The insects observed and identified in August 2018, including: Hover fly, Skipper Red, Golden Rod Aphid, Honey bee, Japanese Beetle, Grasshopper, Tiger Swallowtail, Eastern Bumblebee, Hispid Wasp Slippers on Joe Pye, Honey bees on Rudbeckia, and White Faced Hornet.

With this Feed a Bee funding and other donations to our Farm and Meadow projects, we have been able to purchase the supplies for another round of fall planting, which will be accomplished with the help of Farm Apprentices and a cadre of local and guest volunteers. Three educational kiosks have been purchased to be installed near the Meadow, Food Forest and Greenhouse areas. The kiosks will feature displays illustrating the unique characteristics of our environment as well as the various land use projects, notably the pollinator habitat development project funded by this grant.

The Mountain Meadow is close to full bloom at this point in the summer, with lots of Goldenrod, Queen Anne’s Lace, and Sochan (Rudbekia Lanciniata). The Goldenrod Gall Fly has created numerous galls evident on the living stalks.

The Many Hands Peace Farm fields produced more flowering crops in 2018 than ever before: Calendula, Bachelor Button, Borage, Cosmos, Echinacea, Jerusalem Artichokes, Sochan, Catnip, Cucumber, Squash, Chamomile, Pumpkin, Tomatoes, Peppers, Bee Balm, Mustard, Lettuce, Turnip, Radish, Fennel, Dill, Zinnia, Sunflower, Basil, Tulsi, Pole Beans, Comfrey, Coreopsis, Sweet William, and Celosia are among the varieties.

The margins of our fields, Food Forest, and Meadow have been kept wild, with selective removal of weedy or invasive species as needed. These areas contain additional pollinator forage habitat, and some native “edge-loving” pollinator plants will be transplanted to other development areas where they can flourish. Flowering weeds such as Clover, Queen Anne’s Lace, Daisy Fleabane, Wild Amaranth, Goldenrod, Yarrow, Wood Sorrel, Black Nightshade and Dandelion are allowed to bloom in parts of our fields, providing the pollinators with the extra forage that keeps them coming back for more.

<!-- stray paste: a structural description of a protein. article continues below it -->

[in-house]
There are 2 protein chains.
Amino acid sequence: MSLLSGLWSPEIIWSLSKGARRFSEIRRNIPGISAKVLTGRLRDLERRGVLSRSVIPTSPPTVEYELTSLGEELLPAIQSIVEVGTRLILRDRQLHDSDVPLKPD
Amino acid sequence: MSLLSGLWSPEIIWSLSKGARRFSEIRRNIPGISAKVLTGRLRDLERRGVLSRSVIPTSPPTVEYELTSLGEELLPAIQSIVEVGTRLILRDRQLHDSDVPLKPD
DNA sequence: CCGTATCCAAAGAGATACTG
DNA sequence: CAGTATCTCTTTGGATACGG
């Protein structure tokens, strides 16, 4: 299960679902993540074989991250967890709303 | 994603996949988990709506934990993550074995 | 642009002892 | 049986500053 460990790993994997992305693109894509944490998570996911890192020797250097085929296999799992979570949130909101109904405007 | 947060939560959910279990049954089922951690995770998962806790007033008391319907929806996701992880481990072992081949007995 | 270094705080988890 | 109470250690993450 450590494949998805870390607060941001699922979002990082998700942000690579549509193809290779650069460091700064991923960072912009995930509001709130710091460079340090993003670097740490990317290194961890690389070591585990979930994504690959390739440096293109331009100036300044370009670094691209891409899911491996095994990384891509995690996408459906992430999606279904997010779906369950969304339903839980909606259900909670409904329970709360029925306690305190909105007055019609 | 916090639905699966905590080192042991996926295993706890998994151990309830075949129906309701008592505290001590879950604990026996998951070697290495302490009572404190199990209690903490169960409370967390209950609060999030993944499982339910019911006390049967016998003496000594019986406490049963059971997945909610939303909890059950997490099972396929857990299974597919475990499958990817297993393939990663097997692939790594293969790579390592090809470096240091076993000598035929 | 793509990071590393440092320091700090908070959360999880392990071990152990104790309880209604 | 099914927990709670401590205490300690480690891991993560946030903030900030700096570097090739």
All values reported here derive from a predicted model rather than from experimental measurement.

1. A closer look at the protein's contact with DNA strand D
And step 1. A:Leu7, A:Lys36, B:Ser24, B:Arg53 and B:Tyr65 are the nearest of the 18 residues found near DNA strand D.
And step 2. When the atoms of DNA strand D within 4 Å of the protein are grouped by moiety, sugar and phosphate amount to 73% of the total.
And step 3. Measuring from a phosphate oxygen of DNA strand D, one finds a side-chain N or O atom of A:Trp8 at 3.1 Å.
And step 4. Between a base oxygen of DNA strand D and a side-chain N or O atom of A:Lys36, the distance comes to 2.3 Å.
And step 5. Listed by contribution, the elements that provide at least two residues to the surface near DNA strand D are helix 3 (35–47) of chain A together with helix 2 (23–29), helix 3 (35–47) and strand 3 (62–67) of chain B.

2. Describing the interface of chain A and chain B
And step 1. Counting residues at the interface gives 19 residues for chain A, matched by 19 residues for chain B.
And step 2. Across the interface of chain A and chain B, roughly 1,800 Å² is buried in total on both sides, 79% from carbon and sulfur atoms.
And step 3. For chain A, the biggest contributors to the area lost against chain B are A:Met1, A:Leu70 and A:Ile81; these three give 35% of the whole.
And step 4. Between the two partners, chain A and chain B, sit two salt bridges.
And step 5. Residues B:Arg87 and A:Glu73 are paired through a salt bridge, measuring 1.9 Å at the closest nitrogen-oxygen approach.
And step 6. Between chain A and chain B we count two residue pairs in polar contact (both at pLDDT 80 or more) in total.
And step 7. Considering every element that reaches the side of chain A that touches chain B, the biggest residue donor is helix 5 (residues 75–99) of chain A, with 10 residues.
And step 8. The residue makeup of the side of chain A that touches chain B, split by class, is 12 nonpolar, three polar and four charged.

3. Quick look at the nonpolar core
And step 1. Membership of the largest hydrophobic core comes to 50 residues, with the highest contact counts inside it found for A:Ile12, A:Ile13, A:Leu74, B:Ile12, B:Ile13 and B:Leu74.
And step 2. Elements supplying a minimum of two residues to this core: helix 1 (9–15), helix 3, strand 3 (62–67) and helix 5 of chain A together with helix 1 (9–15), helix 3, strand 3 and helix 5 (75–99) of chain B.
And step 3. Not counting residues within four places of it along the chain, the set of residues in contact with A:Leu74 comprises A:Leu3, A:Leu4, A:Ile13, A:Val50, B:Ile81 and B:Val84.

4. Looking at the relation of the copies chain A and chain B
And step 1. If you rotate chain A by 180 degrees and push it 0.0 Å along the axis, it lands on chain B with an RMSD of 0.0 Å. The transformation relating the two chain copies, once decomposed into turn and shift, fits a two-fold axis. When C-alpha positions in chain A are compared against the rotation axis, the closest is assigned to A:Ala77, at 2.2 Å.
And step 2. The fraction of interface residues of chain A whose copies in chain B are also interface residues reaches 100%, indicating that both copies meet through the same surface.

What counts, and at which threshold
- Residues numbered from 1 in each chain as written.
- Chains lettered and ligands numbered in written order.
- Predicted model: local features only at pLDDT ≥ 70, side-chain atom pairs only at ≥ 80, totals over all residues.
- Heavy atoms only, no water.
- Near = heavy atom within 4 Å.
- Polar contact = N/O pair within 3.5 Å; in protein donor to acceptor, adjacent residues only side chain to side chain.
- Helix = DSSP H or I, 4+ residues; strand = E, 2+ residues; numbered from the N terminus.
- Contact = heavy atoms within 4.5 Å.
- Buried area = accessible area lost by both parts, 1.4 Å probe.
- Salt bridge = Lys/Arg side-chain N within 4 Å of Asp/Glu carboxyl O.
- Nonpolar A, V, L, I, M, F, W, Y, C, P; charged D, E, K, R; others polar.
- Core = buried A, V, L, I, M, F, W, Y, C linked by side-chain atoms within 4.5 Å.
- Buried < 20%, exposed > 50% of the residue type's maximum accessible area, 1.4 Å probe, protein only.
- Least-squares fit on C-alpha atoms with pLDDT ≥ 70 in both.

More perennial flowers are being planted in our full sun fields, including St. John’s Wort and Bee Balm. Surrounding these areas are some spaces left fallow, allowing native wildflowers such as Yarrow, Queen Anne’s Lace, and Red Clover to grow tall. In addition to providing flowers for pollinators, these flowers possess medicinal properties. They have been intermittently harvested and dried to be used to make salve or other products sold at local markets.

Some of our field crops of lettuce and brassicas (such as Bok Choy) have been allowed to flower and go to seed that will be saved for the fall and next year. These flowering crops provide more browsing for pollinators as well. Our Farm staff are moving several Raspberry plants to start new patch in the field, which will increase the number of perennial flowering fruits.

There is a dream of someday establishing a small-scale apiary with horizontal viewing hives for an educational beekeeping program. Our Farm Managers have formed relationships with several area beekeepers who have offered to donate time, expertise, and older equipment to help us realize this dream.

We are most grateful to Bayer North America Bee Health for this Feed a Bee grant and the opportunity to develop our forage habitat for pollinators in Highlands and Western North Carolina. We are equally appreciative of this funding to strengthen our outreach and educational programs for The Mountain’s guests and local community.